In September 2022, DeFi project New Free DAO was the victim of a flash loan attack. The attacker took advantage of weak reward calculation code to drain 4,481 WBNB worth approximately $1.25 million from the contract.
Inside the Attack
New Free DAO is a DeFi project hosted on Binance Smart Chain (BSC). Unlike many smart contracts in the DeFi space, the New Free DAO contract is not open source. This makes the contract more difficult to analyze, which can hinder both security researchers and attackers. However, as demonstrated by the attack, this provides no real security against a determined attacker.
The issue with the New Free DAO contract is that the calculation of rewards is based solely on the balance that an account has deposited into the contract. A user earns rewards based on the amount of time that value has been deposited and based on the size of the deposit. In both cases, the deposited amount is multiplied by a set value to determine the reward amount.
This design leaves the contract vulnerable to flash loan attacks. An attacker could make a massive deposit funded by a flash loan, extract rewards based on that balance, and then withdraw the deposit. Repeating this process multiple times allows the attacker to completely drain the balance of the contract.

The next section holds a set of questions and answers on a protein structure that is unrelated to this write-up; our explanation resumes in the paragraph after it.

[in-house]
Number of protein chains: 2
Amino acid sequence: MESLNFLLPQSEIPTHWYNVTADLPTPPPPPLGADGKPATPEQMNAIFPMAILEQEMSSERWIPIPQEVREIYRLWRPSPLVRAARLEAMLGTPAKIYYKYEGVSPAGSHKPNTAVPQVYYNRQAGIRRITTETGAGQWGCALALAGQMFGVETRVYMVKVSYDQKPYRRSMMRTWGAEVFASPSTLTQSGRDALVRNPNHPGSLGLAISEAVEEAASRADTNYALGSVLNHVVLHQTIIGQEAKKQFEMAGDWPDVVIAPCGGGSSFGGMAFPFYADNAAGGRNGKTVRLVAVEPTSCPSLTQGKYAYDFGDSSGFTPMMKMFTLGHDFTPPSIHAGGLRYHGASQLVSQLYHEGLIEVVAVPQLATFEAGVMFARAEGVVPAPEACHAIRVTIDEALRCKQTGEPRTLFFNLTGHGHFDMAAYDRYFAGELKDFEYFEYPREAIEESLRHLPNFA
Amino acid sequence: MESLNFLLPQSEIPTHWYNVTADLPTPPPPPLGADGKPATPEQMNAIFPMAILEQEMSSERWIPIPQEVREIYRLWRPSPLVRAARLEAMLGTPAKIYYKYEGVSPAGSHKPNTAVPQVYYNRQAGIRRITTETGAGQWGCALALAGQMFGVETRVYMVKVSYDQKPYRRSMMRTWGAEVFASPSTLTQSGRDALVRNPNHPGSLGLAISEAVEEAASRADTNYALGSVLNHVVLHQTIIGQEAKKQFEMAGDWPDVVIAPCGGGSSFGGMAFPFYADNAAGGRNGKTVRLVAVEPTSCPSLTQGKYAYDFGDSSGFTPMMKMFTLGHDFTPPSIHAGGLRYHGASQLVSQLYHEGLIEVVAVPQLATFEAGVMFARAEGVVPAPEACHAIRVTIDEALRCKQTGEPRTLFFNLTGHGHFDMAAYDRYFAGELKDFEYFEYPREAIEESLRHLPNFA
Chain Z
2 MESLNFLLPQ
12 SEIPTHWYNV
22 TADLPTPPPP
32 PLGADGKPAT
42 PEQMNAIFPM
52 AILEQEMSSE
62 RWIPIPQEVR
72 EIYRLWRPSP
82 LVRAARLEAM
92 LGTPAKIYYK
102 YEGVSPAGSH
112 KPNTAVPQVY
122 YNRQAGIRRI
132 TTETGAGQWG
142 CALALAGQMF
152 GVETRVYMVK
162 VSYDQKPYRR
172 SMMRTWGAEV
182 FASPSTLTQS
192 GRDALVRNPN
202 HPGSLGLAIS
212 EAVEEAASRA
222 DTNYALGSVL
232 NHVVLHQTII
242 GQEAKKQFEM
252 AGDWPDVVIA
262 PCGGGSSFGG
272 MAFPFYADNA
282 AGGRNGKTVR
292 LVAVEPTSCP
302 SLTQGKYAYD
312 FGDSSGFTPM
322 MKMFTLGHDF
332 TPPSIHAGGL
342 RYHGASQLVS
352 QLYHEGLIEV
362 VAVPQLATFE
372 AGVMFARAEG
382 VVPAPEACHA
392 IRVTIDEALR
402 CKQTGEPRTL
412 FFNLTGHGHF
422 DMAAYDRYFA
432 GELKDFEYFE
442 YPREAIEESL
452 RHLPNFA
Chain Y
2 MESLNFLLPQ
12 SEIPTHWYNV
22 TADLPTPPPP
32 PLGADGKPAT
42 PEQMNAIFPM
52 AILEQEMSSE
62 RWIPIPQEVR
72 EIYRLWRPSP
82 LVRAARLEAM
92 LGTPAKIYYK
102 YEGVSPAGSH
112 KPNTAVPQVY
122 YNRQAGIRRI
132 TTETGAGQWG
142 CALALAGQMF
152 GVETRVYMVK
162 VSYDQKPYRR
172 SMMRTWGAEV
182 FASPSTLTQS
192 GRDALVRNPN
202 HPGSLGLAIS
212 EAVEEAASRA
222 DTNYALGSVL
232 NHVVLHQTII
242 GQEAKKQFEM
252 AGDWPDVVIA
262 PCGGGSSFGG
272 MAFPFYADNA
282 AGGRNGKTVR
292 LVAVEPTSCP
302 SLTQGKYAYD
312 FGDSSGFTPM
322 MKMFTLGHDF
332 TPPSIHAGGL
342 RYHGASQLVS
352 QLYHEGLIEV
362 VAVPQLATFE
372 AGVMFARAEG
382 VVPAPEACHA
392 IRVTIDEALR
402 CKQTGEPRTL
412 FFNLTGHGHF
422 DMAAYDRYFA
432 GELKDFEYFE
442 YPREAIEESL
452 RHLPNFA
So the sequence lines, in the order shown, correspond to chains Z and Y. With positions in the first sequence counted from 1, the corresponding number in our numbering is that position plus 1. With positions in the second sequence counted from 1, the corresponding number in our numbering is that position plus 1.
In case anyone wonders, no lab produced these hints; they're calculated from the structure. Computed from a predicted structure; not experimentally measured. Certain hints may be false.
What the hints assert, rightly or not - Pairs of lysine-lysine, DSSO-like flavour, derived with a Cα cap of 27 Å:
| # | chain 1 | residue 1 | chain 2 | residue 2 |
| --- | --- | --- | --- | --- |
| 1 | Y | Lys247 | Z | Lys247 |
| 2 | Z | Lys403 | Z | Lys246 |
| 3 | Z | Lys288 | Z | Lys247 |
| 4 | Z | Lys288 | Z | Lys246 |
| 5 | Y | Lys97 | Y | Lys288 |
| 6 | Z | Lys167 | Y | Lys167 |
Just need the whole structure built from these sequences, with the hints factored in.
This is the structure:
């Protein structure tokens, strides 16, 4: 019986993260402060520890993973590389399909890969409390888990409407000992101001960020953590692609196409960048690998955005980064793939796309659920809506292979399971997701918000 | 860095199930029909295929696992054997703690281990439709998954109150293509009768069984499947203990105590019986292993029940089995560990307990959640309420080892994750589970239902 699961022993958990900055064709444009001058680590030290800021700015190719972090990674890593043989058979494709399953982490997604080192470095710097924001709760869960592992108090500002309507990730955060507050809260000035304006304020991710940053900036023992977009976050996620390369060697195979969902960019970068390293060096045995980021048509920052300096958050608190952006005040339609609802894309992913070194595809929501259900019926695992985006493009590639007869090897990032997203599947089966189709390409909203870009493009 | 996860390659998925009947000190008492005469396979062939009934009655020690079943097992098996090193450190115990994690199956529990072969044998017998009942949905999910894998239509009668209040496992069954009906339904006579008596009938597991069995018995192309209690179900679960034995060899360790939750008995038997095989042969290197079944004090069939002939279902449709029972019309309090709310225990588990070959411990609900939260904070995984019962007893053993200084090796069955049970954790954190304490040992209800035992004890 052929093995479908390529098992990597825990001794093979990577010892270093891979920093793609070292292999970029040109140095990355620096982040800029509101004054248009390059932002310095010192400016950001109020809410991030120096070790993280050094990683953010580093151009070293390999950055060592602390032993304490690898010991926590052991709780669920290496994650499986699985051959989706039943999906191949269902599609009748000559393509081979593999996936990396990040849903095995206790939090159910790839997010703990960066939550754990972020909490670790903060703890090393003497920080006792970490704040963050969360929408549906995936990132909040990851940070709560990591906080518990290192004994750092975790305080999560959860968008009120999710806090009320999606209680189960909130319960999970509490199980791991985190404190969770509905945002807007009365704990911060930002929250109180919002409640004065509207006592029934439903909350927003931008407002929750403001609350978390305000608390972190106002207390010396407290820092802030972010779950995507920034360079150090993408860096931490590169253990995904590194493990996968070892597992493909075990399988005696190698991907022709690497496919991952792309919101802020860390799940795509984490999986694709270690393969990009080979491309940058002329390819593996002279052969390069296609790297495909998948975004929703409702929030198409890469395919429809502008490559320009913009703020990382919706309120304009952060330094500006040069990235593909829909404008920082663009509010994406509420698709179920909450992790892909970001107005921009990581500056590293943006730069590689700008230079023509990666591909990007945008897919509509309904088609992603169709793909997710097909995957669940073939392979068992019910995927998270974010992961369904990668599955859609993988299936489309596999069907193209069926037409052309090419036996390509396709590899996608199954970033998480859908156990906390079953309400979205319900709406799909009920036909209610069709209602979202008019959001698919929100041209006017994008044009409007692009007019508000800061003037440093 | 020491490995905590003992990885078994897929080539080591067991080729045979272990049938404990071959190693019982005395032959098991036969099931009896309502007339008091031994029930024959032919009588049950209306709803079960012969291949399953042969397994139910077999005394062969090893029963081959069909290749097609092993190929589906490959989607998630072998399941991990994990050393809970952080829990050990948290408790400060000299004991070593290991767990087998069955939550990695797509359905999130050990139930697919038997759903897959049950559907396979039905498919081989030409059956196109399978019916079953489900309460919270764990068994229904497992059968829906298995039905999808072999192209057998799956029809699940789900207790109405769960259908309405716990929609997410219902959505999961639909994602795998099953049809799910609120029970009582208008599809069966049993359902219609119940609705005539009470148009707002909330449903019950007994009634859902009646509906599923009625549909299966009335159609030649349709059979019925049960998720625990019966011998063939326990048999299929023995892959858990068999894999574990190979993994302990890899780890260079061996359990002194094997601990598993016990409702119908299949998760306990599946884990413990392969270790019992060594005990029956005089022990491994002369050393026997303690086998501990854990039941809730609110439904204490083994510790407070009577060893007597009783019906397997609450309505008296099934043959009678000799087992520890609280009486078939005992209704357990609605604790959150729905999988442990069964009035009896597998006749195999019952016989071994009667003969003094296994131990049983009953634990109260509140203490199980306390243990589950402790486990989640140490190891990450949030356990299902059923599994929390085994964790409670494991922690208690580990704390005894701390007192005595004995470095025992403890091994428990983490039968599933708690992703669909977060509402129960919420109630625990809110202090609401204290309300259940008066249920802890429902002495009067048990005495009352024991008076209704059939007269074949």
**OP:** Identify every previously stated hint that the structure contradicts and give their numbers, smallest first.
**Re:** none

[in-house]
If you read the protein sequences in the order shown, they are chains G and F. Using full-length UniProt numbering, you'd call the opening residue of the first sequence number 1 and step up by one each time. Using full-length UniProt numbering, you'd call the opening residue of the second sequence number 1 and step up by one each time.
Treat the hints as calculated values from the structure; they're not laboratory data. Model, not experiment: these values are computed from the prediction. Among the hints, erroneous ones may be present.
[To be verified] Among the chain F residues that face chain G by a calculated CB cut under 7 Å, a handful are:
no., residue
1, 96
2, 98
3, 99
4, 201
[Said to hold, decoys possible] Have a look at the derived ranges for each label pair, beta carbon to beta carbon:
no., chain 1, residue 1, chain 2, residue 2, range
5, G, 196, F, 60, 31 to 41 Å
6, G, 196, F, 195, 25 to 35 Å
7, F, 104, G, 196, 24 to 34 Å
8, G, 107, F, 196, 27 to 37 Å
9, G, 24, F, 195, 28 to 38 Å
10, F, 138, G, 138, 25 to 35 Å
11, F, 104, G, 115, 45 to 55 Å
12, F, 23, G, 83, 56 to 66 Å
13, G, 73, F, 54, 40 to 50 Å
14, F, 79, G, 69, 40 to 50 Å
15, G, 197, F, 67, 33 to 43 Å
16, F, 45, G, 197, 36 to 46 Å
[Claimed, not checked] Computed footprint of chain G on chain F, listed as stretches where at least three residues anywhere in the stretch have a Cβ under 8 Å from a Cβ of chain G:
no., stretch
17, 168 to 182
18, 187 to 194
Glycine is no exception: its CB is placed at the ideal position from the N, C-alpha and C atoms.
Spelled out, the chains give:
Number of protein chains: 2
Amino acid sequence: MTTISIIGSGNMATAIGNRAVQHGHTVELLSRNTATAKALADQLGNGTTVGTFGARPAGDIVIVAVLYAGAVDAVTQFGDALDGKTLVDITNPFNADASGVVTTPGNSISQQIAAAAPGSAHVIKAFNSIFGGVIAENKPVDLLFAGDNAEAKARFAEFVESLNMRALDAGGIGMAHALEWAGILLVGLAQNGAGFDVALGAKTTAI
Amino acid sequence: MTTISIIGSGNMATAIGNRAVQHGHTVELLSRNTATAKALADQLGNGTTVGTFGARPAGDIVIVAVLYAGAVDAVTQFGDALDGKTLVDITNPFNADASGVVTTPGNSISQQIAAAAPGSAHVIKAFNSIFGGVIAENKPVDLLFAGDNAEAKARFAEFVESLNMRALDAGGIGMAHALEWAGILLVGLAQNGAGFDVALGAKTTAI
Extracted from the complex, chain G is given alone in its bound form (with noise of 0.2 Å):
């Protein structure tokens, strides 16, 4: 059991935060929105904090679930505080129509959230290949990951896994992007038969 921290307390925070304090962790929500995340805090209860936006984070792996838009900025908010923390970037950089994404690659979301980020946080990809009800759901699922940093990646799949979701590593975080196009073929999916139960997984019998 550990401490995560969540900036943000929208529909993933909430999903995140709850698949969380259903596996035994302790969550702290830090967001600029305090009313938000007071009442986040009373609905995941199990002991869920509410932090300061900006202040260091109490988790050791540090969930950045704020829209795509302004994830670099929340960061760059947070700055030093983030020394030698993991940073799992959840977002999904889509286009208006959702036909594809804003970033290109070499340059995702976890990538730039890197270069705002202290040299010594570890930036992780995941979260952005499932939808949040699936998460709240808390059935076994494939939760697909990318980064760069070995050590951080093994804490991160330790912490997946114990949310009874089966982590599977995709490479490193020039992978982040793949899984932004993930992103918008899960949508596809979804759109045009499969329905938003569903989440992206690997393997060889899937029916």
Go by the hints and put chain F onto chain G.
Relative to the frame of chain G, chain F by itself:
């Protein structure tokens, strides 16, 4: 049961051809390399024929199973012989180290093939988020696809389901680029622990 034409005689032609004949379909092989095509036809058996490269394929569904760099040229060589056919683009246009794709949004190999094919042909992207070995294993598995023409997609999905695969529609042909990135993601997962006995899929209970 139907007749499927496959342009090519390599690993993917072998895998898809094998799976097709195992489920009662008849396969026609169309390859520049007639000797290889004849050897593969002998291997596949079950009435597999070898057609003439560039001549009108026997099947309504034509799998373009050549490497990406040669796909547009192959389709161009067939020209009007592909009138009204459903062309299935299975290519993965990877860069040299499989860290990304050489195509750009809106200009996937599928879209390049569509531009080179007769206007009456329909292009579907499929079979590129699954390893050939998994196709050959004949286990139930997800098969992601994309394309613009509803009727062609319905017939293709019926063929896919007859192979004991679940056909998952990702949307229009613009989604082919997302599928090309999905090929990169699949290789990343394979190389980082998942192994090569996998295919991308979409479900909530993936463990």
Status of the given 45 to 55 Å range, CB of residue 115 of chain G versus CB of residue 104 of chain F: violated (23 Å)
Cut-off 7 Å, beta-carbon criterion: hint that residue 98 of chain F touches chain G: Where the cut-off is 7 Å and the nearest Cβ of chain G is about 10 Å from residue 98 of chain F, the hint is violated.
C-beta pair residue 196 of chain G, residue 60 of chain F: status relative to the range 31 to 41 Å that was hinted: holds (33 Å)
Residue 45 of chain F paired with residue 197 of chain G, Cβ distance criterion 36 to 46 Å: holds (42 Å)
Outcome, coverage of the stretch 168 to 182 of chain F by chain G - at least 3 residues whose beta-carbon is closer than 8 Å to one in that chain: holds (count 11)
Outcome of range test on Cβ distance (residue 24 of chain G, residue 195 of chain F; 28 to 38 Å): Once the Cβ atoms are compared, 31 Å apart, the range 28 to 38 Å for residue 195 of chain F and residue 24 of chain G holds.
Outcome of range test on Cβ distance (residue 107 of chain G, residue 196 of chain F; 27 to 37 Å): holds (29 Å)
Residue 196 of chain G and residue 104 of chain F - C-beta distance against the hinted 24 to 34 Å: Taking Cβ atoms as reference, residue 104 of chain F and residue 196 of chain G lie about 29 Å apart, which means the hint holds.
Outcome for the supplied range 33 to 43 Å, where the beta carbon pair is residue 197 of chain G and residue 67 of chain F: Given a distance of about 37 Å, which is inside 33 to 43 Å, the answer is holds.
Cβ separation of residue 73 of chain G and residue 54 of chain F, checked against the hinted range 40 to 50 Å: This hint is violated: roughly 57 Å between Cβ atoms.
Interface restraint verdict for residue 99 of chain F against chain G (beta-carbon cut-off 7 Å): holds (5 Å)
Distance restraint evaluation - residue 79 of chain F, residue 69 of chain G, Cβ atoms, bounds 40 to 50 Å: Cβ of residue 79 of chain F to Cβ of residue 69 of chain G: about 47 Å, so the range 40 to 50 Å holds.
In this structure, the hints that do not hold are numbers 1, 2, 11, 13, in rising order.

Lessons Learned From the Attack
The target of the New Free DAO hack was an unverified contract, meaning that it was posted to the blockchain without being linked to the corresponding source code on GitHub. While the contract code can be disassembled and read, it is more difficult and the use of unverified code likely indicates that the contract did not undergo a security audit that would have identified the issue.
Flash loan attacks exploiting insecure price oracles or reward calculations are nothing new in the DeFi space. Before launching any contract containing this functionality, it is best to undergo a security audit to ensure that the mechanism is not vulnerable to attack. To learn more about how to prevent flash loan attacks, reach out to Halborn’s Web3 security experts at firstname.lastname@example.org.